A Study of the Riverine and Underwater Archaeological Landscapes of Rocky Bay, North Fremantle, Western Australia
Author/s Cooper, D.
Year of publication 2012
Report Number: No. 32
The Swan River has been poorly researched with respect to underwater archaeological sites. To date, no systematic archaeological survey has been undertaken of the riverbed, and only one volume collating sunken vessels has been compiled.
In order to address this lack of research, a systematic archaeological investigation of the Rocky Bay area was undertaken. Rocky Bay is a small bend in the Swan River located approximately two kilometres from Port of Fremantle, within the suburb of North Fremantle. In recent years North Fremantle has undergone a dramatic transformation from coastal light industrial area to a high value residential neighbourhood.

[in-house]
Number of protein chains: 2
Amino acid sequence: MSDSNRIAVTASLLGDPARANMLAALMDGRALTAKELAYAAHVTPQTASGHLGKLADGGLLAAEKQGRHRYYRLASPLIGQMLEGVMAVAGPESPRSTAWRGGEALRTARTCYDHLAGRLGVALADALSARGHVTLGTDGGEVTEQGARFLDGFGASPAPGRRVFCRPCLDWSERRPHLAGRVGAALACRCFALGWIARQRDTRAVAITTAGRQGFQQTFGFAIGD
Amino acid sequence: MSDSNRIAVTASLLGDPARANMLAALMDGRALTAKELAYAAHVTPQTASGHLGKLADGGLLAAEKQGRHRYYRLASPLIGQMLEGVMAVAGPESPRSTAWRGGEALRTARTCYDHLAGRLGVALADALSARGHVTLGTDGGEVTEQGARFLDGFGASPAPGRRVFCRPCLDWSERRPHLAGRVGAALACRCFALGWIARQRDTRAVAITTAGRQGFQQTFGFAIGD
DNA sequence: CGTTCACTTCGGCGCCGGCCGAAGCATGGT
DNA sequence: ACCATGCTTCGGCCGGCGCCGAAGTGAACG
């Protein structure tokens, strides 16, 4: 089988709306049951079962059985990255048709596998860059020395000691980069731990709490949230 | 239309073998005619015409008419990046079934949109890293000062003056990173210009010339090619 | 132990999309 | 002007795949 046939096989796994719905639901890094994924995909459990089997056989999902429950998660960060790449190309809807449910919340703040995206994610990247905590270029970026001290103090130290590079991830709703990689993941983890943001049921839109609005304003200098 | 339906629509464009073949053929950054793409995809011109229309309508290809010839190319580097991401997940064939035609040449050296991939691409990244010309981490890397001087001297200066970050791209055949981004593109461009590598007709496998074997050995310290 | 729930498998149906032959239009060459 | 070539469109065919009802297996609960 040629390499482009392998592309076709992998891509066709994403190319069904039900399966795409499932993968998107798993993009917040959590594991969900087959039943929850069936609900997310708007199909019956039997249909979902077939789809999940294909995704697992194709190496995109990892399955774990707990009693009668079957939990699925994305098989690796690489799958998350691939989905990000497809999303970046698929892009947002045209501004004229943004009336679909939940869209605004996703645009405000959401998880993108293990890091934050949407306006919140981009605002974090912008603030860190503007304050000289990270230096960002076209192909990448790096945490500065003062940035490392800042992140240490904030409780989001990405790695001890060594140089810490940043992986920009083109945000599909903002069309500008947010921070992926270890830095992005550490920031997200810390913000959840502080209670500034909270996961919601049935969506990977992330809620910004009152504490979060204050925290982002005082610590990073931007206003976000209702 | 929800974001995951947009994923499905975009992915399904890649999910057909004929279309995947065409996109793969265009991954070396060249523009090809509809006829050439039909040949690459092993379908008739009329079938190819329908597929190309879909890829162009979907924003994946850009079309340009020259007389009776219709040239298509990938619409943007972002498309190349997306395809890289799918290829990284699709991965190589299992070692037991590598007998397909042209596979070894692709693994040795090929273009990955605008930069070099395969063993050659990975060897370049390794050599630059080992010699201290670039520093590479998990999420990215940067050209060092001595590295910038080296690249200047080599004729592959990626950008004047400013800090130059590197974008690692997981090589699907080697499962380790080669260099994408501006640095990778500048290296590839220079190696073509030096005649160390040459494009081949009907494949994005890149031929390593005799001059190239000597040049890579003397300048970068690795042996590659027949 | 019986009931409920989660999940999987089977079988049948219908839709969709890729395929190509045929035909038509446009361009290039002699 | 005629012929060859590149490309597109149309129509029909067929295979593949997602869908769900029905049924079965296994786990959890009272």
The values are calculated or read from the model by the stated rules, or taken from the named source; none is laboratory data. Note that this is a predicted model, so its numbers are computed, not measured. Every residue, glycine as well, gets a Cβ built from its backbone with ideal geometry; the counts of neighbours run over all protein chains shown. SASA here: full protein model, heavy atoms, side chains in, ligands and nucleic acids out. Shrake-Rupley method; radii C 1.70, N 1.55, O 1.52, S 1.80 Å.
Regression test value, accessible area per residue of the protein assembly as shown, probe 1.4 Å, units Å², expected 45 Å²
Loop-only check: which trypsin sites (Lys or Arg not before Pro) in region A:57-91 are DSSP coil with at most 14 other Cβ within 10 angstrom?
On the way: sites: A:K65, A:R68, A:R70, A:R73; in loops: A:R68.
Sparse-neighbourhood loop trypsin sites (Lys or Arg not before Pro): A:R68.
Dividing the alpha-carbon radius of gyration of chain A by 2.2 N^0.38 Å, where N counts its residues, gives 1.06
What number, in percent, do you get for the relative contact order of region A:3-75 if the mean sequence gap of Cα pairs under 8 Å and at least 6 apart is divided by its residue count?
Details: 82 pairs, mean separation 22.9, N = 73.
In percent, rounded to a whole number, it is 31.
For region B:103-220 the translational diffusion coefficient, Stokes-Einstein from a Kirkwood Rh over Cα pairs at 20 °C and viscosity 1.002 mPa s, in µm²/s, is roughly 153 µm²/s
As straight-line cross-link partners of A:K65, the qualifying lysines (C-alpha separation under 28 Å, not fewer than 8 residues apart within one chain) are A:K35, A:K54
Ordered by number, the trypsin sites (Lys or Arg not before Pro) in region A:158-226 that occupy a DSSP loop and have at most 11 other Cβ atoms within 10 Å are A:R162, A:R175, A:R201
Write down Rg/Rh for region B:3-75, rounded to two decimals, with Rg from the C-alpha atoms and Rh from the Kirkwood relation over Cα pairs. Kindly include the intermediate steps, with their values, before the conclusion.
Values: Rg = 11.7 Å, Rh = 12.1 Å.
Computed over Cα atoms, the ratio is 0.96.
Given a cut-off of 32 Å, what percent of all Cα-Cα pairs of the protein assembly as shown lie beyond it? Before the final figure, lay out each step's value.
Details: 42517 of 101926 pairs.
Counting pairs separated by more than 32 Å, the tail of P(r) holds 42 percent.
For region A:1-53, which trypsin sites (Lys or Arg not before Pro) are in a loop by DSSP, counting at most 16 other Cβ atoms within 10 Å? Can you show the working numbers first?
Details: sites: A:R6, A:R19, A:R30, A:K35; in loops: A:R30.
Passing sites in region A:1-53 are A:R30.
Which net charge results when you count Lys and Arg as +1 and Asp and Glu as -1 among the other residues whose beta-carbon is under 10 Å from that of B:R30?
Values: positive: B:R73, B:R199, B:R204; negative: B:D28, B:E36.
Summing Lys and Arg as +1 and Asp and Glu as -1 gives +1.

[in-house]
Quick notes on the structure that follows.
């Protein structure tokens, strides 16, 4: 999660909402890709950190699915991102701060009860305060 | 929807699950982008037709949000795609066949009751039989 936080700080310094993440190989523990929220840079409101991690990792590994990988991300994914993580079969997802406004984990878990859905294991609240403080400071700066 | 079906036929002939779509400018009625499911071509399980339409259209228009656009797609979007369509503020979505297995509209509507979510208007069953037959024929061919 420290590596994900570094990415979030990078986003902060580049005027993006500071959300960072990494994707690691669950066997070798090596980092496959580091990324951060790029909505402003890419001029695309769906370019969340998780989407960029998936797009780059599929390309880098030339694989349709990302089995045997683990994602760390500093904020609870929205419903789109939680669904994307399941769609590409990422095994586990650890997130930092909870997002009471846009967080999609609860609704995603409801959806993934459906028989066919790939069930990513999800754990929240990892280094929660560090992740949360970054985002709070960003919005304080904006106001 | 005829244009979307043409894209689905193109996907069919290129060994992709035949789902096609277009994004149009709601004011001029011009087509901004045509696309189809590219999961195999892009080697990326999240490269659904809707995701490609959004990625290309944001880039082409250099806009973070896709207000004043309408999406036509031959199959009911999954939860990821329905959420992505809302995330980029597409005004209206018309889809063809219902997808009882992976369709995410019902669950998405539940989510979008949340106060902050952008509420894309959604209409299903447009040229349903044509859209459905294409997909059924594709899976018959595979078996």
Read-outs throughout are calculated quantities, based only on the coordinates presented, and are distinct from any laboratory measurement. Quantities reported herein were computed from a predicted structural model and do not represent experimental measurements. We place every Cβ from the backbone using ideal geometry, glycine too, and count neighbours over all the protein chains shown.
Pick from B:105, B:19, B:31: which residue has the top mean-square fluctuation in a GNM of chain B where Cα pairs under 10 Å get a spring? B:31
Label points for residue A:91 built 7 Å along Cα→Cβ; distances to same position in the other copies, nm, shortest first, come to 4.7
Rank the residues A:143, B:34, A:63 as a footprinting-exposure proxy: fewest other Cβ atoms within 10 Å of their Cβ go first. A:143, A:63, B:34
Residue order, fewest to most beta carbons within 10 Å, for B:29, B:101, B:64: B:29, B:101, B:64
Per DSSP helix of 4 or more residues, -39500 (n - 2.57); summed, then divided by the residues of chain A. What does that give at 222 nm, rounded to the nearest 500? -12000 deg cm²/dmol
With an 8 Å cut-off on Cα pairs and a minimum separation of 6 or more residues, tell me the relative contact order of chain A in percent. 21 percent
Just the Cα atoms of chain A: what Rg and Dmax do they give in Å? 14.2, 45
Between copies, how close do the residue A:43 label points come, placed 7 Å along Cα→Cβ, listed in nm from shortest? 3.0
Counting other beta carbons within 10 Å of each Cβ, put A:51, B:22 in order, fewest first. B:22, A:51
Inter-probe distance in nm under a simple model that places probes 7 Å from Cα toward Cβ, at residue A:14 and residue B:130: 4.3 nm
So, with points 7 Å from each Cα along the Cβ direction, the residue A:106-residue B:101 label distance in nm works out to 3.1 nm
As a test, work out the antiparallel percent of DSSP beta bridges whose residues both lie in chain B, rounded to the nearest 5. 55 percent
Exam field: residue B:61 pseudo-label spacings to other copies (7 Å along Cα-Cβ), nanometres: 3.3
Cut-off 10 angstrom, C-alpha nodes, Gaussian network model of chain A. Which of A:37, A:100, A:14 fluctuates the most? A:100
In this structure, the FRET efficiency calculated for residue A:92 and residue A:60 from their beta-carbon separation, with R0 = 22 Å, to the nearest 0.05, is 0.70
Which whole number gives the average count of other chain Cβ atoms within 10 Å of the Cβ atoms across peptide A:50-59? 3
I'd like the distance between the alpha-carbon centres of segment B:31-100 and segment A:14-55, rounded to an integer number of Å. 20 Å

The survey found a number of previously unrecorded archaeological sites that represents various phases of industrial development dating to the initial establishment of the colony in 1829. Many of these sites have been adversely affected by redevelopment of areas overlooking and surrounding the bay, which has seen industrial estates give way to residential housing.
The aim of the thesis is to demonstrate that the Swan River has the potential to contain undiscovered archaeological sites, other than sunken watercraft, that can provide tangible links with the past that are no longer found on its shores. I posit that such sites reflect changes in society of the surrounding areas and can provide information towards a broader understanding of land and river usage.
Finally, the dissertation addresses the question of whether the archaeological signature of Rocky Bay can be meaningfully accommodated within the conceptual framework of a maritime cultural landscape. In particular, I argue that current broad-brush applications of the concept need to be tempered by due consideration of site context and function rather than the mere propinquity of sites to maritime and riverine areas.